Street riders would almost always be faster, more precise, more comfortable, and end the riding day markedly more coordinated after having hopped off of something like this (rather than a full on Superbike).

          Racers tolerate the crippling sport bike ergos in order to eek out minute top speed advantages (due to aerodynamics) on race courses. Racers don’t ride around with their butts in the air and their knees touching their elbows because it enhances their control of the bikes, that’s for sure.

        • JSH says

          Super fuel efficient transportation? Compared to what? My motorcycle is the least fuel-efficient vehicle I own and eats $400 sets of tires every 5K miles. It costs me 3x as much per mile to ride my bike compared to my cars.

          • Cowpieapex says

            Least fuel efficient? In Miles per Gallon? I am aware that several of the most extreme super bikes have fuel mileage figures in the twenties but most classes of bikes have many representatives that can deliver over 40mpg with performance that is anything but sluggish. I ride a Buell S3T that originally delivered 55mpg and a terminal speed of 140 mph. After re-jetting and exhaust modifications it has gone from quick to alarming, (saving that expensive front tire from excessive wear) but alas my power madness has driven my efficiency down to 45mpg. My other 2 bikes also deliver over 40mpg.
            As to, compared to what?, when I condescend to climb into a cage it is generally to carry a load suitable to my 1 ton diesel which, though it delivers 20mpg, rides on $1200 dollars worth of rubber and will cost around $35000 to replace when it reaches the end of it’s service life. My wife and daughter also willingly allow me access to their SUV and small wagon respectively, both of which deliver mid 20s.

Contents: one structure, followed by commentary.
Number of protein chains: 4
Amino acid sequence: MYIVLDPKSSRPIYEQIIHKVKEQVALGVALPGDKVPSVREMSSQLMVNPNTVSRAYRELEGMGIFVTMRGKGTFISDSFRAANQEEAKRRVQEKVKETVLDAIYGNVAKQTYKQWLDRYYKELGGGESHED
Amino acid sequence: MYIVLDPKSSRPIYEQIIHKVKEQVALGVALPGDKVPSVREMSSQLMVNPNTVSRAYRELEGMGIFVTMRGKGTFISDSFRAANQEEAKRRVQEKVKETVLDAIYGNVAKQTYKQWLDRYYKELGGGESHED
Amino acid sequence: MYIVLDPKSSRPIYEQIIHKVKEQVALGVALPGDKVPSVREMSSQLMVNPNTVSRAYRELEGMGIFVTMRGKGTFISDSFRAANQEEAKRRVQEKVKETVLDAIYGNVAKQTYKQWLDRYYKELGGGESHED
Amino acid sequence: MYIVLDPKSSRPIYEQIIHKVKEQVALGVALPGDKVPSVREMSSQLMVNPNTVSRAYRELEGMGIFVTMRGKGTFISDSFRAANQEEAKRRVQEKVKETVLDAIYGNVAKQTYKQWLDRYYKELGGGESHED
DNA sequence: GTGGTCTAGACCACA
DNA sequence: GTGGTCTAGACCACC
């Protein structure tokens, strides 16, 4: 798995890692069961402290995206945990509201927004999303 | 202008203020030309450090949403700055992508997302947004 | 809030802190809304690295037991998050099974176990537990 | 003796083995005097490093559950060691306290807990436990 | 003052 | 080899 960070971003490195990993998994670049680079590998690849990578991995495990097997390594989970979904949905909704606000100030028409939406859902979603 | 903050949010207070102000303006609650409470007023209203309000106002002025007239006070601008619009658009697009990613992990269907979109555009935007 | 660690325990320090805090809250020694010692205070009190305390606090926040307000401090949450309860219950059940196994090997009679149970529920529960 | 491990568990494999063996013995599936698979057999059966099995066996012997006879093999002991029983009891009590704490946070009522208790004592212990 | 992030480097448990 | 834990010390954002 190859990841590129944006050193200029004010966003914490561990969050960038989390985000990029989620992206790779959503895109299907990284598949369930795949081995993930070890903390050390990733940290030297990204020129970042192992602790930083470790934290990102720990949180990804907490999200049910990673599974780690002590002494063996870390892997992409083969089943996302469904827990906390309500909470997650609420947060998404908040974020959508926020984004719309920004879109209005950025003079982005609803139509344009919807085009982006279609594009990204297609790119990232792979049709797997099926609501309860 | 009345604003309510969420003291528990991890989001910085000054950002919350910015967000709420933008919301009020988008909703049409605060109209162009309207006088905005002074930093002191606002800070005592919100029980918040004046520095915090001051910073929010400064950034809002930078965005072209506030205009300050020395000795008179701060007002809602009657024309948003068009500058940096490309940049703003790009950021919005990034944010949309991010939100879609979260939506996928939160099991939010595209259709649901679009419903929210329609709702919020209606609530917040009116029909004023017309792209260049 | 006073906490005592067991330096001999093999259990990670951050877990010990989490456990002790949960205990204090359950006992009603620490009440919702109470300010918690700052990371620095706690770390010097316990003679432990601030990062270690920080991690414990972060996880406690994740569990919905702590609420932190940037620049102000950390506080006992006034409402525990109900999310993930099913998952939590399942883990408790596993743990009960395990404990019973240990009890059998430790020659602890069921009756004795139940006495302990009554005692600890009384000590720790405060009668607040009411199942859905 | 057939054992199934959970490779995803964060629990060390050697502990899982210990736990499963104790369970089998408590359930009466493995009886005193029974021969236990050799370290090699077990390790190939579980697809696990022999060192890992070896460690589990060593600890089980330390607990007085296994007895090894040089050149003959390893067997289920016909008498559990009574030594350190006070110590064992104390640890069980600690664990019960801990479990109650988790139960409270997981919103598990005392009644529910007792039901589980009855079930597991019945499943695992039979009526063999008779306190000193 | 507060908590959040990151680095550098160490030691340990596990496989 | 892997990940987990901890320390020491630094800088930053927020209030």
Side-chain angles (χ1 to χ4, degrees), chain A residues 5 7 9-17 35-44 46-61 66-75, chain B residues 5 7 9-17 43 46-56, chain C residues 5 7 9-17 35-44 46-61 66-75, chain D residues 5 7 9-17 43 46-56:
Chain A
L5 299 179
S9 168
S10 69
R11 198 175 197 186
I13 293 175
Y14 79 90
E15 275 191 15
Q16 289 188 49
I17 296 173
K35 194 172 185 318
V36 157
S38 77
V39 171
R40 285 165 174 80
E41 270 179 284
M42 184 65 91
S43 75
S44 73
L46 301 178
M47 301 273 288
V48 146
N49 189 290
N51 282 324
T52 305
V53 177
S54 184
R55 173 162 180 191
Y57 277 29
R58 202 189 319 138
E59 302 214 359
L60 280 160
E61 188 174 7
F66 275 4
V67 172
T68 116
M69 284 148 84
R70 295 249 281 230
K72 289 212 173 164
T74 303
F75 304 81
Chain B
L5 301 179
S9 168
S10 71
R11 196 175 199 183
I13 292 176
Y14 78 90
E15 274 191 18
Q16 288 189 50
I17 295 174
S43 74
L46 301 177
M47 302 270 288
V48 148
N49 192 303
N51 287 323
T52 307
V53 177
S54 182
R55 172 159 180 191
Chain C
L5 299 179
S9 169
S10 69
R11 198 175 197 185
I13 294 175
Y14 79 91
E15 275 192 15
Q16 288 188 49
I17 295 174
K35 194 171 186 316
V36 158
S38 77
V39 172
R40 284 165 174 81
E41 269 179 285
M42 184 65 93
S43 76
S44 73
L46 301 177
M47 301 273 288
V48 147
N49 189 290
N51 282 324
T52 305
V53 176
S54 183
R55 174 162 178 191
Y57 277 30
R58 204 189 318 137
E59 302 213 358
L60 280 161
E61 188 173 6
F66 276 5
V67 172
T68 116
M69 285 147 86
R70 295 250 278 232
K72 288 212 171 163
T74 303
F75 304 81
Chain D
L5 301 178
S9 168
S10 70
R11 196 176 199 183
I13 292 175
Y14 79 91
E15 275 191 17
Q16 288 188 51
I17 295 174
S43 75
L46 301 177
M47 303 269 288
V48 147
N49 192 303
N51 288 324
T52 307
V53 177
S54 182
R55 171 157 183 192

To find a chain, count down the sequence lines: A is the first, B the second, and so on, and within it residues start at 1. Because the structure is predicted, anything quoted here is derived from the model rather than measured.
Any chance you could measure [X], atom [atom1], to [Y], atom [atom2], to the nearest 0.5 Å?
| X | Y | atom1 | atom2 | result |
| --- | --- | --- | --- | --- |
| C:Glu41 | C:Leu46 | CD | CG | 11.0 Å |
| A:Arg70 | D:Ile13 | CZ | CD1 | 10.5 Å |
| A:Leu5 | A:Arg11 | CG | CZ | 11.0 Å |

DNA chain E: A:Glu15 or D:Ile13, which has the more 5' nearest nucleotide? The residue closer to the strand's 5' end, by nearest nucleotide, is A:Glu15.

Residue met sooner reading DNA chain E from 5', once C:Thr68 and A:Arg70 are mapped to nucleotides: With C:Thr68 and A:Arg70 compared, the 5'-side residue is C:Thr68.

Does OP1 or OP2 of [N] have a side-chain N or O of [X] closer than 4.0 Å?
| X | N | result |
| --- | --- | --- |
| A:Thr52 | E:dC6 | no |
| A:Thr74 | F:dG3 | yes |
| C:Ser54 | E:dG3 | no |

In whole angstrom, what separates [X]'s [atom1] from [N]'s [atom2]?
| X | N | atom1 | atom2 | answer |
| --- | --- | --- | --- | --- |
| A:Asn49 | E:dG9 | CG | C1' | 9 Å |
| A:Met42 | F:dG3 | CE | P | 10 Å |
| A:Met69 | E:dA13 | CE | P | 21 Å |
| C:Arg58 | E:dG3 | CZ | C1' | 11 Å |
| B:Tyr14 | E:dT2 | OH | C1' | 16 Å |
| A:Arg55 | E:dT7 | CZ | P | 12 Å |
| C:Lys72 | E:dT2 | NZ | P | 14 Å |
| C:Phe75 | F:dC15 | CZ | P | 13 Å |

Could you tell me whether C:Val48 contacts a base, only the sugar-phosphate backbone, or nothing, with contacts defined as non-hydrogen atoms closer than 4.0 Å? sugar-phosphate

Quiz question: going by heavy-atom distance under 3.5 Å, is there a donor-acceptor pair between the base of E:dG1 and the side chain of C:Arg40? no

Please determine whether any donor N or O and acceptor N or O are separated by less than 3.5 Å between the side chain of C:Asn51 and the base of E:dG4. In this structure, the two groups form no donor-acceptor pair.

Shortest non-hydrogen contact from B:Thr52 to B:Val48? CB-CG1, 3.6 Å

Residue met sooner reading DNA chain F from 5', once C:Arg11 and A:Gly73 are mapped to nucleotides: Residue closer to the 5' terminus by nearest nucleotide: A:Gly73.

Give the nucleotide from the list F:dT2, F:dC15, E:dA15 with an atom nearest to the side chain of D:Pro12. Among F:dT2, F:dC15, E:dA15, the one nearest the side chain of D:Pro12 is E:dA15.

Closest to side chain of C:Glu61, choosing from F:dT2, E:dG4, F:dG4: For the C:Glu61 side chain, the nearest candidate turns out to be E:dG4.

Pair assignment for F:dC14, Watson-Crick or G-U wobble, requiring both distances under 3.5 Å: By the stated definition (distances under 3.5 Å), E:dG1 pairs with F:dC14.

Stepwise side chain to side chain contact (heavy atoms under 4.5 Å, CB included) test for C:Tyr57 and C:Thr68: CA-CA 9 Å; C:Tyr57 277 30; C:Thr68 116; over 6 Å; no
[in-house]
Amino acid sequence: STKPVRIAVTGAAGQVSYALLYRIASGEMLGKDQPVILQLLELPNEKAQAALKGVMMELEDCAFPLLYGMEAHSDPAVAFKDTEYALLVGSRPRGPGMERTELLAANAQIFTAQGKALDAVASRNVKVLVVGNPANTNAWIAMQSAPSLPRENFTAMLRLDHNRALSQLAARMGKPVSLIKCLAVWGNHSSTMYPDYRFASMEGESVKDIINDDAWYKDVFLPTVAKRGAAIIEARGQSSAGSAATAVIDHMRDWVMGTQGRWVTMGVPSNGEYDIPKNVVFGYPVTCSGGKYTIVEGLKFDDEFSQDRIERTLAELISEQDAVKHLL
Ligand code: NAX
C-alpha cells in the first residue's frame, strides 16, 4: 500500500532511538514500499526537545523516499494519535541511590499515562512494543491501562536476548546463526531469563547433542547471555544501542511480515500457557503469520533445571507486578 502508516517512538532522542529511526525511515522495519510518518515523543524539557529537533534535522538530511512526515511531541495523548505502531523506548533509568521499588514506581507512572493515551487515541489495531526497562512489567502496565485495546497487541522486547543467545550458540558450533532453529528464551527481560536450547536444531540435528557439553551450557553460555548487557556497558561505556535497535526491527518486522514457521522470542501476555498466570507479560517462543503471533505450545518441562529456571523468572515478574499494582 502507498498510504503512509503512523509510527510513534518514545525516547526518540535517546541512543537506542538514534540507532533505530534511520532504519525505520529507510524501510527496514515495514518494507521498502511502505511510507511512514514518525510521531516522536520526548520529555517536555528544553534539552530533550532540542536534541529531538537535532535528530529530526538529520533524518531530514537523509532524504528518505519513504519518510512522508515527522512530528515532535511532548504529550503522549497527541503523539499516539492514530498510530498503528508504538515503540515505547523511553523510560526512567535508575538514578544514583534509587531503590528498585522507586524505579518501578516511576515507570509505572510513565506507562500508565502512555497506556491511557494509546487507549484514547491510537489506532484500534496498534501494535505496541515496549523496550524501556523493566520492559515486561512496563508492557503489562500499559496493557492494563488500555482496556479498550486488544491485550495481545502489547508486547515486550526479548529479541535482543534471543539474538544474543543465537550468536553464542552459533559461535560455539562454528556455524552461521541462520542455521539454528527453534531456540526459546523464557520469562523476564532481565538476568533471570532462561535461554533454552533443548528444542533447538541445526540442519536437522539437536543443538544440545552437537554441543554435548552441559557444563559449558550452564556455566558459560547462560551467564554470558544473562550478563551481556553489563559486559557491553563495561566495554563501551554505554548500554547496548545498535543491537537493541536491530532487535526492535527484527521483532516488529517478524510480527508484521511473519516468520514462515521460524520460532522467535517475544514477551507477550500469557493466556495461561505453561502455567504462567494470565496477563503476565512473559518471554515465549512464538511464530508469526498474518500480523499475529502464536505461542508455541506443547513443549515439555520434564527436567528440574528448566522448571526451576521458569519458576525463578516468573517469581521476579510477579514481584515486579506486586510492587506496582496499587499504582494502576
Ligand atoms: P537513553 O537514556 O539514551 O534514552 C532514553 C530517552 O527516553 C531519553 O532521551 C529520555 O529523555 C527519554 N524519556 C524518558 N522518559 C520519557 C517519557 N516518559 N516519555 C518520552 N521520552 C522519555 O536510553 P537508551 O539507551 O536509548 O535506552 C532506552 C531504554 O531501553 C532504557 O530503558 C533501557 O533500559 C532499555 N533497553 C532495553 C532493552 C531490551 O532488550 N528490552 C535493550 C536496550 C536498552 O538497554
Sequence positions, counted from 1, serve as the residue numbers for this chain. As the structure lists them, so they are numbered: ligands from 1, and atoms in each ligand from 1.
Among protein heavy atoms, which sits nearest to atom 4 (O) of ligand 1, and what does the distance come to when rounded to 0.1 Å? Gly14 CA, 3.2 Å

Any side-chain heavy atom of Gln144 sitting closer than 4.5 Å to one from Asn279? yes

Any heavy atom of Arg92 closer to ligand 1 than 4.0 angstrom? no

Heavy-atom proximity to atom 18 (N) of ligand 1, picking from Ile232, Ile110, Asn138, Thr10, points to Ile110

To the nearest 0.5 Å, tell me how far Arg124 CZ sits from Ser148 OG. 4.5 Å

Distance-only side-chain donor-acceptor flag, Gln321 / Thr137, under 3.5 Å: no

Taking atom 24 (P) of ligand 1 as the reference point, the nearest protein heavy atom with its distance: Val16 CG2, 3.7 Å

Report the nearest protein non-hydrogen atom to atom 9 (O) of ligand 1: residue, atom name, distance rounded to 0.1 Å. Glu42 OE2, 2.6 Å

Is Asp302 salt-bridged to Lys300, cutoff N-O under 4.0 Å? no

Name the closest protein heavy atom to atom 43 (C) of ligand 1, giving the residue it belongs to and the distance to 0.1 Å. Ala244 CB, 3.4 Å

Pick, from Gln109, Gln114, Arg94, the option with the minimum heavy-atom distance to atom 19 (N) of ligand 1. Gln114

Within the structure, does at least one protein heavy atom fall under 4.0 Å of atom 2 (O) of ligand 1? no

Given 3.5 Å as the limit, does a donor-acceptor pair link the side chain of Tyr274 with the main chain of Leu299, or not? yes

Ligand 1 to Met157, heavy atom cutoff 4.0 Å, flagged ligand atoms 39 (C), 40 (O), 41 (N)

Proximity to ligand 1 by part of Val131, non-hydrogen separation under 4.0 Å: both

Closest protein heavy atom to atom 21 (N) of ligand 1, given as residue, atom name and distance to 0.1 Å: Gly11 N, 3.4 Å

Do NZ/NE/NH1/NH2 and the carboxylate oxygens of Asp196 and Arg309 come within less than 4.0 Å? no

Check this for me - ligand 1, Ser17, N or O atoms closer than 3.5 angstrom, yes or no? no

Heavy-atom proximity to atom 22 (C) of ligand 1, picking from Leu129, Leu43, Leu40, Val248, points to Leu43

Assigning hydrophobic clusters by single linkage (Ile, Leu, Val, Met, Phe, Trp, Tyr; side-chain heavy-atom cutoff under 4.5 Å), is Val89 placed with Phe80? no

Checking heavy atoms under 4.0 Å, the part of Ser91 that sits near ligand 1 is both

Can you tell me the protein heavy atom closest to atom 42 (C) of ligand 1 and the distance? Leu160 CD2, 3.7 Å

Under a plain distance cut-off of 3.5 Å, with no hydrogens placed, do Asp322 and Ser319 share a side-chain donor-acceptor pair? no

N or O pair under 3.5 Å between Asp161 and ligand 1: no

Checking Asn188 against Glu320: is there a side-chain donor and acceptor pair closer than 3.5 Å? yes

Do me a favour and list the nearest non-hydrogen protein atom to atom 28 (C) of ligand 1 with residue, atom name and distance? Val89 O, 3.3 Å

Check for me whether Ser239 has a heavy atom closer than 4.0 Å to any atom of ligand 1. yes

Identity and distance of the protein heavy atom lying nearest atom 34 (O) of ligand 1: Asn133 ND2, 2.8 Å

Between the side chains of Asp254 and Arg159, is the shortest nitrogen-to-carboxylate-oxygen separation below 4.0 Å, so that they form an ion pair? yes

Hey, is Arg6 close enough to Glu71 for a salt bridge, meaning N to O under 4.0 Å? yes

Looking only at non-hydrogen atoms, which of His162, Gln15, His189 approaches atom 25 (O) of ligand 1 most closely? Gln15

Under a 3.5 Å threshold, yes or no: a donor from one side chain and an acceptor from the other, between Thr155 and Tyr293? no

I know there are some terrific high mileage fun little cars that can deliver the same mileage as my Buell at a somewhat more sedate pace but my mountain top home requires AWD to reach by truck or Auto. With proper gear though I ride 50 weeks each year in relaxed comfort at little expense. All of my bikes pay for themselves in fuel savings alone. The psycho emotional benefits, though priceless, are free.
            One has to access the value of any overwrought hyper-machine by an entirely different set of criteria altogether. A speedboat, dragster, stunt plane, or superbike can be pressed into service as an item of transportation but such duty does not enter into the normal definition of common sense.
            If your bike is merely mal-tuned You may be able to achieve better efficiency with proffesional help, but I’d bet that with your appetite for $200 gumballs the real automotive equivalent to your bike would be a $125000 item from Stuttgart on $2500 rubber. Lets compare apples to apples, not caviar to lentils.

      • David says

        “is there some other kind of motorcycle that seem to be nothing more than status symbols?”

        You’re kidding, right? At least the sportbike guys actually RIDE the damned things. Go to a motorcycle rally of any sort and see which genre of bikes comprise the bulk of what gets TRAILERED there.

      • Bloor says

        “The entire class of motorcycles is an evolutionary dead end: they have become status symbols, signifiers denoting both wealth and machismo.”

        They’re false symbols of that, if anything. Around here, on the lightly-used market (where any reasonable person would buy a motorcycle), they cost the same or less than a (slightly more reasonable) 600cc sportbike. The Speed Triple sells for less than a similar Street Triple, for example. The Honda 919 is cheaper than the Honda 599. I can buy a Fireblade for basically the same price as a CBR600. Liter bikes are downright cheap.

        In my case, it’s the symbol that I can’t really afford a Triumph 675 at the prices the market is asking.